One of the main theories is that aeruginascin undergoes the same metabolic conversion as psilocybin to psilocin, producing a compound similar to bufotenidine (5-HTQ, toad venom that can cause paralysis). However, due to their chemical structure (both having a third methyl group), neither compound crosses the blood-brain barrier and is probably confined to the peripheral tissues.
This paralysis can occur at relatively low dosages – it’s not limited to large or heroic amounts ingested. So take solace knowing the effect won’t last longer than a day – but it can be an extremely anxiety-inducing experience.
Psilocybe cubensis vs. Psilocybe cyanescens
Other than its unique windblown appearance, there are some other distinguishing features of the Psilocybe cyanescens species which separate it from Psilocybe cubensis.
For one, they’re considered to be particularly potent in terms of psilocybin content when compared to P. cubensis. While P. cubensis does not often have more than .4% psilocybin, P. cyanescens is believed to contain up to 1.68% of the psychedelic compound.
Another distinction is the climates and regions in which the two are able to thrive. P. cubensis loves the heat and humidity of the Southern Gulf States, while P. cyanescens prefers the temperate and gloomier climate of the Pacific Northwest.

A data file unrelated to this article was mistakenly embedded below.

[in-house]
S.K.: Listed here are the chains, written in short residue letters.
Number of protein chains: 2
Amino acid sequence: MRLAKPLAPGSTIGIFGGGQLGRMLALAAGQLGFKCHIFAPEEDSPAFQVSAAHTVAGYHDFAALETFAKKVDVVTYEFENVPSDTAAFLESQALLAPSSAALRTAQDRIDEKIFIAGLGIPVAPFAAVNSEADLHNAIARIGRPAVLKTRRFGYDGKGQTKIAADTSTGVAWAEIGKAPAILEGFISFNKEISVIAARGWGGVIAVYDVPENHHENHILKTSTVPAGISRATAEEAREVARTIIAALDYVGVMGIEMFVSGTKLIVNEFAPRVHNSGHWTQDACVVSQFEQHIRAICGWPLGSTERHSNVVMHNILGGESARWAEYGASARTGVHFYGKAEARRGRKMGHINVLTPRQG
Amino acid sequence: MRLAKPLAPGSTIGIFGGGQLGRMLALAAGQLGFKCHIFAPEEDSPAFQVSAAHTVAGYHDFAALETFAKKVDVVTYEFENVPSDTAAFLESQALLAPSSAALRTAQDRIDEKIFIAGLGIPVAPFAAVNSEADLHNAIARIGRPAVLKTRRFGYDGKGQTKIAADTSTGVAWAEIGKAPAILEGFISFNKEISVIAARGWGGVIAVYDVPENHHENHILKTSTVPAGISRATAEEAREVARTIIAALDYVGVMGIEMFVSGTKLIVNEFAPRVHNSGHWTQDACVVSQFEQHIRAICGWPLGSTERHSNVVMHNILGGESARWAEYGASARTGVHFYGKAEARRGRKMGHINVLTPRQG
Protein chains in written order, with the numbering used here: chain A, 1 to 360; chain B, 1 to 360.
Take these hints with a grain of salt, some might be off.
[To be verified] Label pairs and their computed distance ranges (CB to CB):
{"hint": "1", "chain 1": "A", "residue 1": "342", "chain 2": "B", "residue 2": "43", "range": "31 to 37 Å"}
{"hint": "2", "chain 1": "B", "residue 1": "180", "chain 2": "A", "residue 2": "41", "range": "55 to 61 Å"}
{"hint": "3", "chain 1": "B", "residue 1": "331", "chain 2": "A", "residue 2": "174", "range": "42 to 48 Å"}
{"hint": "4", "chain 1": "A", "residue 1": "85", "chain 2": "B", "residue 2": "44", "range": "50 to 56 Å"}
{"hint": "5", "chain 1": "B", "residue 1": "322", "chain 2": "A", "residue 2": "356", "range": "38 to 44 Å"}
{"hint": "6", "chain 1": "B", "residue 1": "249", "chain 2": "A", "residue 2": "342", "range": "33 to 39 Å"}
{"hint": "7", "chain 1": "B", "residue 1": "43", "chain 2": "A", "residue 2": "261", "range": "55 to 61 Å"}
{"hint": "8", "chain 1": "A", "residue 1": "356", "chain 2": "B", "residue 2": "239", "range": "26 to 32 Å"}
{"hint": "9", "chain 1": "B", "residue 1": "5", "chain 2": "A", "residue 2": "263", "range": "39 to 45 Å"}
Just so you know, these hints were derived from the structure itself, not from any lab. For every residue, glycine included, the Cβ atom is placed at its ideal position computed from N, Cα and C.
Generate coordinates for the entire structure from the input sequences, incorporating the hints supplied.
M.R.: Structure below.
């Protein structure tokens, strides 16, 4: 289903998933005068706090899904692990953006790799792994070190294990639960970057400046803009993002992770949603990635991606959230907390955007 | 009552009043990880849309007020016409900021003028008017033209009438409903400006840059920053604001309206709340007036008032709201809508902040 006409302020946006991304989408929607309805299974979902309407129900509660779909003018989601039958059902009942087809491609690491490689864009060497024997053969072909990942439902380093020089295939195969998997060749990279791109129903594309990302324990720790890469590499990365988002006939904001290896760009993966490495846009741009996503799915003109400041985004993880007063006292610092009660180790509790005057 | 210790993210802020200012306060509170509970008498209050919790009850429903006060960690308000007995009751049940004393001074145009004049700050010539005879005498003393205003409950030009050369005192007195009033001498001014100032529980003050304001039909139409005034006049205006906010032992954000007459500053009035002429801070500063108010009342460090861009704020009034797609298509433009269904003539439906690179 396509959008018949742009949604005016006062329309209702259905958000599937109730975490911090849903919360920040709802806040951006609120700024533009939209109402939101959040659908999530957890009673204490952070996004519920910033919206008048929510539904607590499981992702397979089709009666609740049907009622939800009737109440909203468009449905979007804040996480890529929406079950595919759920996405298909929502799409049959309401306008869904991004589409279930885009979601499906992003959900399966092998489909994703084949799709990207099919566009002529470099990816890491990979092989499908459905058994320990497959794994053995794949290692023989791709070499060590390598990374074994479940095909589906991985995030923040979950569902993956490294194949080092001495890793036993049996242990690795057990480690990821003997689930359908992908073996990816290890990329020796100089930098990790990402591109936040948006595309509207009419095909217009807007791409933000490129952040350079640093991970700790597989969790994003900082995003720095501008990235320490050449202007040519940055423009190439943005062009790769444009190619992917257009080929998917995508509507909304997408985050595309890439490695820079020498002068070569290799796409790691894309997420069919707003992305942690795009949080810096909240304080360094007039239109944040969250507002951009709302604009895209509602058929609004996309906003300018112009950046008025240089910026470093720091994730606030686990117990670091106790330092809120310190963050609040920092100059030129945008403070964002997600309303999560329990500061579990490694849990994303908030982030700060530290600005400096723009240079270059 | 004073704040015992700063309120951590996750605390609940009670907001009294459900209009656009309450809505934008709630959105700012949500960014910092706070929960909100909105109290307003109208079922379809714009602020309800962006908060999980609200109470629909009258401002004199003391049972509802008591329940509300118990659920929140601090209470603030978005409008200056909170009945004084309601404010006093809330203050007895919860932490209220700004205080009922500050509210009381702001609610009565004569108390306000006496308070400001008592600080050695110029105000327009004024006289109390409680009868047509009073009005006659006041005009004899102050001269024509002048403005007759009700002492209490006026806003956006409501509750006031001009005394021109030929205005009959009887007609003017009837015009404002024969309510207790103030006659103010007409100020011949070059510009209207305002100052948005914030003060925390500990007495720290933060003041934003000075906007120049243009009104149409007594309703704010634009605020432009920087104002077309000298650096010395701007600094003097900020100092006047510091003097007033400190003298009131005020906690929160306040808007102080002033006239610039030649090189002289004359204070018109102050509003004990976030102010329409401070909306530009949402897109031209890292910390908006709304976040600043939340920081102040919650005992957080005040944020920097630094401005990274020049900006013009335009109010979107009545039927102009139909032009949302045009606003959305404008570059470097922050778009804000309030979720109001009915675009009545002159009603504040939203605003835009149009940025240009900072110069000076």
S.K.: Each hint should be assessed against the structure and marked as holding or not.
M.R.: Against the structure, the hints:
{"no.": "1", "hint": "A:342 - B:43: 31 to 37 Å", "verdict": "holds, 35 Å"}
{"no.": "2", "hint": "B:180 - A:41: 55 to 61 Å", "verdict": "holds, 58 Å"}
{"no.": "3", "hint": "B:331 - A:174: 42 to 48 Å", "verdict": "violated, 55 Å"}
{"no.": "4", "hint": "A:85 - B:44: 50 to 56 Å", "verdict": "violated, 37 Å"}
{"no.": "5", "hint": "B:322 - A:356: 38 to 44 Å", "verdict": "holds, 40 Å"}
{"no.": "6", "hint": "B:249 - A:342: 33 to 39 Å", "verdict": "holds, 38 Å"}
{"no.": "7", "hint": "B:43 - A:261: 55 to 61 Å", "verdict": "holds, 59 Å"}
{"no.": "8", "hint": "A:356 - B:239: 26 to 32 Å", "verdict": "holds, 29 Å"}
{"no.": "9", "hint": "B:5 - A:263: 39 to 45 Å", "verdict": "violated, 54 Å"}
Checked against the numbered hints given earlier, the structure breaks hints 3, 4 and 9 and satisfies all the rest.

The two also have different food preferences. P. cubensis is a fan of nutrient-rich soil and both equine and bovine dung, while P. cyanescens prefers woody material for its meals.
Observing Psilocybe cyanescens spores
Forgive the long-winded introduction to observing your P. Cyanescens spores, but gaining a greater understanding of this mysterious psychedelic mushroom species is undoubtedly going to make your microscopy efforts all of the more rewarding, so keep that in mind.
You’re going to want a microscope of decent quality in order to fully enjoy your spore observation. That means no less than 1000x magnification. You’ll also want some glass slides to make your life easier. With those two items, you should have no problem observing these fantastic P. Cyanescens spores.
Your eye for microscopic observation will only grow keener with experience, so you’re going to want to make sure to care for your spores properly. That means keeping them in a cool place when not in use.
Spores prints to create Psilocybe cyanescens spore syringes
If you really want your P. Cyanescens mushroom spores to last, consider choosing our high-quality spore prints. They’re created in a sterile environment that’s free of dust and other contaminants, and they will last for years if cared for properly.
You can use your spore prints to create your own spore syringes or to put them beneath your microscope and observe. Each mushroom strain and species has a unique and intricate spore print that is absolutely fascinating to observe for any fan of microscopy.